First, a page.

Literature tells us painfully little about Guinevere, mostly focusing on her sin and betrayal of Arthur and Camelot. As a result, she is often seen as a one-dimensional character. But there is more to her story. By examining popular works of more than 20 authors over the last one thousand years, The Once and Future Queen shows how Guinevere reflects attitudes toward women during the time in which her story was written, changing to suit the expectations of her audience. Beginning in Celtic times and continuing through the present day, this book synthesizes academic criticism and popular opinion into a highly readable, approachable work that fills a gap in Arthurian material available to the general public.

Nicole Evelina has spent more than 15 years studying Arthurian legend. She is also a feminist known for her fictional portrayals of strong historical and legendary women, including Guinevere. Now, she combines these two passions to examine the effect of changing times and attitudes on the character of Guinevere in a must-read book for Arthurian enthusiasts of every knowledge level.

Amazon | Barnes and Noble | Chapters | IndieBound | Kobo

About the Author

Nicole Evelina is a multi-award-winning historical fiction, romantic comedy and non-fiction writer, whose four novels have collectively won over 20 awards, including two Book of the Year designations (Daughter of Destiny by Chanticleer Reviews and Camelot’s Queen by Author’s Circle). Her most recent book, THE ONCE AND FUTURE QUEEN, traces the evolution of the character of Guinevere in Arthurian legend from her Celtic roots to the present day, showing how the character changed along with the period’s views of women. Nicole is currently working on MISTRESS OF LEGEND (2018), the final book in her Guinevere's Tale trilogy.

As an armchair historian, Nicole researches her books extensively, consulting with biographers, historical societies and traveling to locations when possible. For example, she traveled to England twice to research the Guinevere’s Tale trilogy, where she consulted with internationally acclaimed author and historian Geoffrey Ashe, as well as Arthurian/Glastonbury expert Jaime George, the man who helped Marion Zimmer Bradley research The Mists of Avalon.

Nicole is a member of and book reviewer for The Historical Novel Society, as well as a member of the Historical Fiction Writers of America, International Arthurian Society - North American Branch, Romantic Novelists Association, Novelists, Inc., the St. Louis Writer’s Guild, Alliance of Independent Authors, the Independent Book Publishers Association and the Midwest Publisher’s Association.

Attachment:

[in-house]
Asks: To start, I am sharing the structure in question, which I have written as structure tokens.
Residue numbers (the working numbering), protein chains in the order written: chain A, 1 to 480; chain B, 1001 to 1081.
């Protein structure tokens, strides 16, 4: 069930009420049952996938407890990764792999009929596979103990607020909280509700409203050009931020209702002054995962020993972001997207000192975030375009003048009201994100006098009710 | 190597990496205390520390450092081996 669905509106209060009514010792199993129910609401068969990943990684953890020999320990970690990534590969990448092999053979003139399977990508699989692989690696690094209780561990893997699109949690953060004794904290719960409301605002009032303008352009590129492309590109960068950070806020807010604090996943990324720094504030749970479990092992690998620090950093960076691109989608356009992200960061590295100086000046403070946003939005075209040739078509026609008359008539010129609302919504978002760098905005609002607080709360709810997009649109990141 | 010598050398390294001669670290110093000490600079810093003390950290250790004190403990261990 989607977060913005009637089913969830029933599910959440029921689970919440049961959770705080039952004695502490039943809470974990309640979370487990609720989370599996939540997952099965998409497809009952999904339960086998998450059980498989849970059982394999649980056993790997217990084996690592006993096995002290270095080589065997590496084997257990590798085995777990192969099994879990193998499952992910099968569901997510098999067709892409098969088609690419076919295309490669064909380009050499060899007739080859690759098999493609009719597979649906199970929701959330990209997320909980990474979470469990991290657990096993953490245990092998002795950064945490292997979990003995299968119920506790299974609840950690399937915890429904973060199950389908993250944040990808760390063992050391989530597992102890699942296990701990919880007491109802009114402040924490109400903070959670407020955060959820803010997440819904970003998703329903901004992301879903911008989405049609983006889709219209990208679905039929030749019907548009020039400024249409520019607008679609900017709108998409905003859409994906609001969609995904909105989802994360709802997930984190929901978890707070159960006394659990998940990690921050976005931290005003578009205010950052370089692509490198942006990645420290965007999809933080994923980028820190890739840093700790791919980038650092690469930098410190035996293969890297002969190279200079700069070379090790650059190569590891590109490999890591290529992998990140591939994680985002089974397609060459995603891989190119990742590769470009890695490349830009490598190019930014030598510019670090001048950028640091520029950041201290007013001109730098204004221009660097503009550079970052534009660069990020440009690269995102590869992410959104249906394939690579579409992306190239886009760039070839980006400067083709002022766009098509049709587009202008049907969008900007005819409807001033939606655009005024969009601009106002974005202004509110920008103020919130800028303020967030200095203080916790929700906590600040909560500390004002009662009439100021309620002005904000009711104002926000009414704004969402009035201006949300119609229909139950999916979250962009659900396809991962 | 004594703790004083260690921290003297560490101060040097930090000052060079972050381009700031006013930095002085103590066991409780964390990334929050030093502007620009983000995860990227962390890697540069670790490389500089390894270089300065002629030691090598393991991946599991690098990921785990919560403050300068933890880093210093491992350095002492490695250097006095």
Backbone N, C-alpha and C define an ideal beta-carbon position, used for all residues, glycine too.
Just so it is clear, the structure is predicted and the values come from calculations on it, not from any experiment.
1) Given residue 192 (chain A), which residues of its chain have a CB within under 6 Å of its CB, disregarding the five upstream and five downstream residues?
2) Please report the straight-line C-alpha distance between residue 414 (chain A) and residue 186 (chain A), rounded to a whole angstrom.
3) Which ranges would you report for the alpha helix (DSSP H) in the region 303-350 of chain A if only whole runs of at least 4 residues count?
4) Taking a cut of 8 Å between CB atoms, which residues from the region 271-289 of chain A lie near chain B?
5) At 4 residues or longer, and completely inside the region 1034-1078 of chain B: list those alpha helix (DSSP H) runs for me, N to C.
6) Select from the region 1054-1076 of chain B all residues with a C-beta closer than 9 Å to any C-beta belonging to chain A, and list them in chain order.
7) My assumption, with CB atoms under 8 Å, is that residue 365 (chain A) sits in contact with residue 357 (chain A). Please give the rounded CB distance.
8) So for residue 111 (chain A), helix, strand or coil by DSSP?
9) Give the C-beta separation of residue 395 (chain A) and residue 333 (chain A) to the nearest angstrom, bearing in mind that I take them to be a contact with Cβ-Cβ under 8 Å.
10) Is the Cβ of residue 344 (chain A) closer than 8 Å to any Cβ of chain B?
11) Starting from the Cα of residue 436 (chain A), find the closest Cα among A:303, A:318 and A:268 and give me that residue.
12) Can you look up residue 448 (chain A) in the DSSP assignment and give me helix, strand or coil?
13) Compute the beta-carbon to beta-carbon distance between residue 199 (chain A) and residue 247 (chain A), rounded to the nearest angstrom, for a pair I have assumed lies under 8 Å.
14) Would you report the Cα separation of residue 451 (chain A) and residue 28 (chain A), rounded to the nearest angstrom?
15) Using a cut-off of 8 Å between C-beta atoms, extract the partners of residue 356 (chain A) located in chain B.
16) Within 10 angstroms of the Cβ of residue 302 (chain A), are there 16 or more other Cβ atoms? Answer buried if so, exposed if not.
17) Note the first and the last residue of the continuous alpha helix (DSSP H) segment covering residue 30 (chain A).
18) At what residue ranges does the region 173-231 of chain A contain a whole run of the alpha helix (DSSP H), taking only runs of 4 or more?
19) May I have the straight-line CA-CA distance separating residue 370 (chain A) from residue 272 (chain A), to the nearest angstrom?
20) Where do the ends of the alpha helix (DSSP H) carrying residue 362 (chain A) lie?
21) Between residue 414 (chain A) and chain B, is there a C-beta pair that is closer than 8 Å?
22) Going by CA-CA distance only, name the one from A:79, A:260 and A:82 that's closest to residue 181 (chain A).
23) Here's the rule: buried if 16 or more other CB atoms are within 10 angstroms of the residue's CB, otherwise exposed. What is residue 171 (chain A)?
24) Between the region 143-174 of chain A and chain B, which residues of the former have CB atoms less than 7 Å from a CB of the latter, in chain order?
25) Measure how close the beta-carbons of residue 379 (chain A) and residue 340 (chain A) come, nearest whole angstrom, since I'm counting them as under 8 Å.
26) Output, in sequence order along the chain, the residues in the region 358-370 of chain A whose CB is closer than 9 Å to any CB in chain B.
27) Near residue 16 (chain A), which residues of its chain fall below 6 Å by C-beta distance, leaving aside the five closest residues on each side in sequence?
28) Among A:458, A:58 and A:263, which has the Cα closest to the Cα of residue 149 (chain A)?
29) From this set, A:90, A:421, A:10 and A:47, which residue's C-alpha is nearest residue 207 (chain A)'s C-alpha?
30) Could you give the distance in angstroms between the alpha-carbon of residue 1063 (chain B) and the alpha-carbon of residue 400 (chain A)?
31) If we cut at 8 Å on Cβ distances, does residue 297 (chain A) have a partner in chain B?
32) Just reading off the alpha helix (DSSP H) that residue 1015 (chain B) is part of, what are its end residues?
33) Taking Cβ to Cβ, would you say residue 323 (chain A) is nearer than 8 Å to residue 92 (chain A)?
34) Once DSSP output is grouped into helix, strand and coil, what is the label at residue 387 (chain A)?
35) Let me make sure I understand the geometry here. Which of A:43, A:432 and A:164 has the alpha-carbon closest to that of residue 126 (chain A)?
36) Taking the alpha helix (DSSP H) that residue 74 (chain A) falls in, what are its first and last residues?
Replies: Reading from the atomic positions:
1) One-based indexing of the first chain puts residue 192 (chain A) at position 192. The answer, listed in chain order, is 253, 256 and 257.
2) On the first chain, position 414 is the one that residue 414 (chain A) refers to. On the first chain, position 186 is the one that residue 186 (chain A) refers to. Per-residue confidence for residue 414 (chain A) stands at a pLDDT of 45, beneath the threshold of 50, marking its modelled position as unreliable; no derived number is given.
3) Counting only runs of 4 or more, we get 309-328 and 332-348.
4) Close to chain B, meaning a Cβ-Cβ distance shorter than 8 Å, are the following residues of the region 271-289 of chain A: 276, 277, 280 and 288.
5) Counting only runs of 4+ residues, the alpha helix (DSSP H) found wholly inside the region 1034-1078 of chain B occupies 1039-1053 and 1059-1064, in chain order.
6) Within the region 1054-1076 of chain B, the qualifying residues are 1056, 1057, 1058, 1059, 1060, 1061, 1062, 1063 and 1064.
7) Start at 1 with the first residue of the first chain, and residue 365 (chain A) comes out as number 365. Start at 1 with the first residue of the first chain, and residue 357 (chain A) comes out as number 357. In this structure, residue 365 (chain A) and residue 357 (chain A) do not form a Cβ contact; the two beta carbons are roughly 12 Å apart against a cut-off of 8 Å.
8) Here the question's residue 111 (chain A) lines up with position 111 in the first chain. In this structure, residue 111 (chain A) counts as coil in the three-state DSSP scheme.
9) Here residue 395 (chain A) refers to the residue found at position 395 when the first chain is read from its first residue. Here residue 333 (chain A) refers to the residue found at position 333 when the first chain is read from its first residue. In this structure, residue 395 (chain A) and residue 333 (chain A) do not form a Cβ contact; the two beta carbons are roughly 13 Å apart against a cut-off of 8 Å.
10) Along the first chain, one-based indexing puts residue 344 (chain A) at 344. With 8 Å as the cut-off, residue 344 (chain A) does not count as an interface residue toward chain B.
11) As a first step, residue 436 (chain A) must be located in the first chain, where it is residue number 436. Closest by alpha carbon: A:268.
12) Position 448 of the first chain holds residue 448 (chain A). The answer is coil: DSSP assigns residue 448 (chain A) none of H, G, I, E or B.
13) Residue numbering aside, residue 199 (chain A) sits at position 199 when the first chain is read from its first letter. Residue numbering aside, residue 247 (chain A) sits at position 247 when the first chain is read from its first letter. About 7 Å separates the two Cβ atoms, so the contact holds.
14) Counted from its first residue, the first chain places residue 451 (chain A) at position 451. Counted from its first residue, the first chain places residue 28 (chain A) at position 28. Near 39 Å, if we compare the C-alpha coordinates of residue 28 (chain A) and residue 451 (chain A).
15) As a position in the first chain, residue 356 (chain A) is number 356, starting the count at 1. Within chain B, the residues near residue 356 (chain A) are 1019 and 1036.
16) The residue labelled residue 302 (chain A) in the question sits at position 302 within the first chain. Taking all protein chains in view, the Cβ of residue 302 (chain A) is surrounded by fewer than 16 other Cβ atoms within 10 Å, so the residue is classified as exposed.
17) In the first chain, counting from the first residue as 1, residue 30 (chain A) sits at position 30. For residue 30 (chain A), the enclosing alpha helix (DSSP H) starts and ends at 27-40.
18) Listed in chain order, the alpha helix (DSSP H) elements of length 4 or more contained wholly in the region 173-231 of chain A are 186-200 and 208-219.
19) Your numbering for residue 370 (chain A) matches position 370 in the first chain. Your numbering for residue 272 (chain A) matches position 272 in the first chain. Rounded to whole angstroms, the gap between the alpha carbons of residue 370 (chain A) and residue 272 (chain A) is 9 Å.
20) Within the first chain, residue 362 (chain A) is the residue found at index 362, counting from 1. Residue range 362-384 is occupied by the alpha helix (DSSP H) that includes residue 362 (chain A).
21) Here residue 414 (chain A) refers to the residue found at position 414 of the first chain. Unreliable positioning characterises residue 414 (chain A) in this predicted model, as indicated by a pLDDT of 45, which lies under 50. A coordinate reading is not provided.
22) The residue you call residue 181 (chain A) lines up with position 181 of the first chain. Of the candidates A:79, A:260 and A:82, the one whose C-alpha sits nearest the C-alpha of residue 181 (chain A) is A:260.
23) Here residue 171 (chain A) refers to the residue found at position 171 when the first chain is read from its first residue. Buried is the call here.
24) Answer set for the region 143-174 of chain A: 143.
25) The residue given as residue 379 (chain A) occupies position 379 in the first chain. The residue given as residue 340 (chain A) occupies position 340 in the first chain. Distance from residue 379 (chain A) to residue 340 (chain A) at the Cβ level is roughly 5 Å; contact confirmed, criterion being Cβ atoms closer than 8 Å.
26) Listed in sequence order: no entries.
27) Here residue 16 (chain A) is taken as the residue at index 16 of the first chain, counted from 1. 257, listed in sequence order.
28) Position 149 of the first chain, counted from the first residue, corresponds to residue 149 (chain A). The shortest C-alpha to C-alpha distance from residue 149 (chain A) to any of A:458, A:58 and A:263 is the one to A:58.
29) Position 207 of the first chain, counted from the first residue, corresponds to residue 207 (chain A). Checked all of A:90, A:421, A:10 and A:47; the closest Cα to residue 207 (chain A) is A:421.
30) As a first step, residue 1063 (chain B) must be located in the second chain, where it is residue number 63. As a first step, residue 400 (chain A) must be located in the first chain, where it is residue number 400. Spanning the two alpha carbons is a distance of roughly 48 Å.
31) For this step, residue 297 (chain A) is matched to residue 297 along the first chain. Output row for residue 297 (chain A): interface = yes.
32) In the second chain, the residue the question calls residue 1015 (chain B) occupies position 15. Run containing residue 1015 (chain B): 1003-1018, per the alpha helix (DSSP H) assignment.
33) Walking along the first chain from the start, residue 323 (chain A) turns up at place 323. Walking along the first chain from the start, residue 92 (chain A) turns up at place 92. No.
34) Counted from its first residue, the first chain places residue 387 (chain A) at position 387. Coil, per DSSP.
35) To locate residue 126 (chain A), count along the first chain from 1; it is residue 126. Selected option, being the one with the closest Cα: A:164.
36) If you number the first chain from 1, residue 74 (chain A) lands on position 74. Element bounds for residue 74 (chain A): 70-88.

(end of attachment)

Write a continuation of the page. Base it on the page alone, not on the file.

For more information, please visit Nicole Evelina's website. You can also find her on Facebook, Twitter, Pinterest, Instagram, and Goodreads. Sign up for Nicole's newsletter to receive news and updates.

Blog Tour Schedule

Wednesday, January 31
Interview at Passages to the Past

Thursday, February 1
Review at Pursuing Stacie

Friday, February 2
Feature at A Bookaholic Swede
Excerpt at What Is That Book About

Tuesday, February 6
Review at History From a Woman's Perspective

Wednesday, February 7
Excerpt at What Cathy Read Next

Thursday, February 8
Feature at Encouraging Words from the Tea Queen

Friday, February 9
Interview at Donna's Book Blog

Monday, February 12
Review at Bookworms Anonymous
Feature at View from the Birdhouse

Tuesday, February 13
Feature at A Literary Vacation

Wednesday, February 14
Review at Svetlana's Reads and Views

Thursday, February 15
Feature at Just One More Chapter

Friday, February 16
Guest Post at The Writing Desk

Monday, February 19
Review at Clarissa Reads it All

Thursday, February 22
Feature at A Holland Reads

Monday, February 26
Review at Cup of Sensibility
Feature at The Lit Bitch

Tuesday, February 27
Review at Curling Up by the Fire

Wednesday, February 28
Feature at Historical Fiction with Spirit


During the Blog Tour we will be giving away two paperback copies of The Once and Future Queen! To enter, please enter via the Gleam form below.

Giveaway Rules

– Giveaway ends at 11:59pm EST on February 28th. You must be 18 or older to enter.
– Giveaway is open to US residents only.
– Only one entry per household.
– All giveaway entrants agree to be honest and not cheat the systems; any suspect of fraud is decided upon by blog/site owner and the sponsor, and entrants may be disqualified at our discretion.
– Winner has 48 hours to claim prize or new winner is chosen.

The Once and Future Queen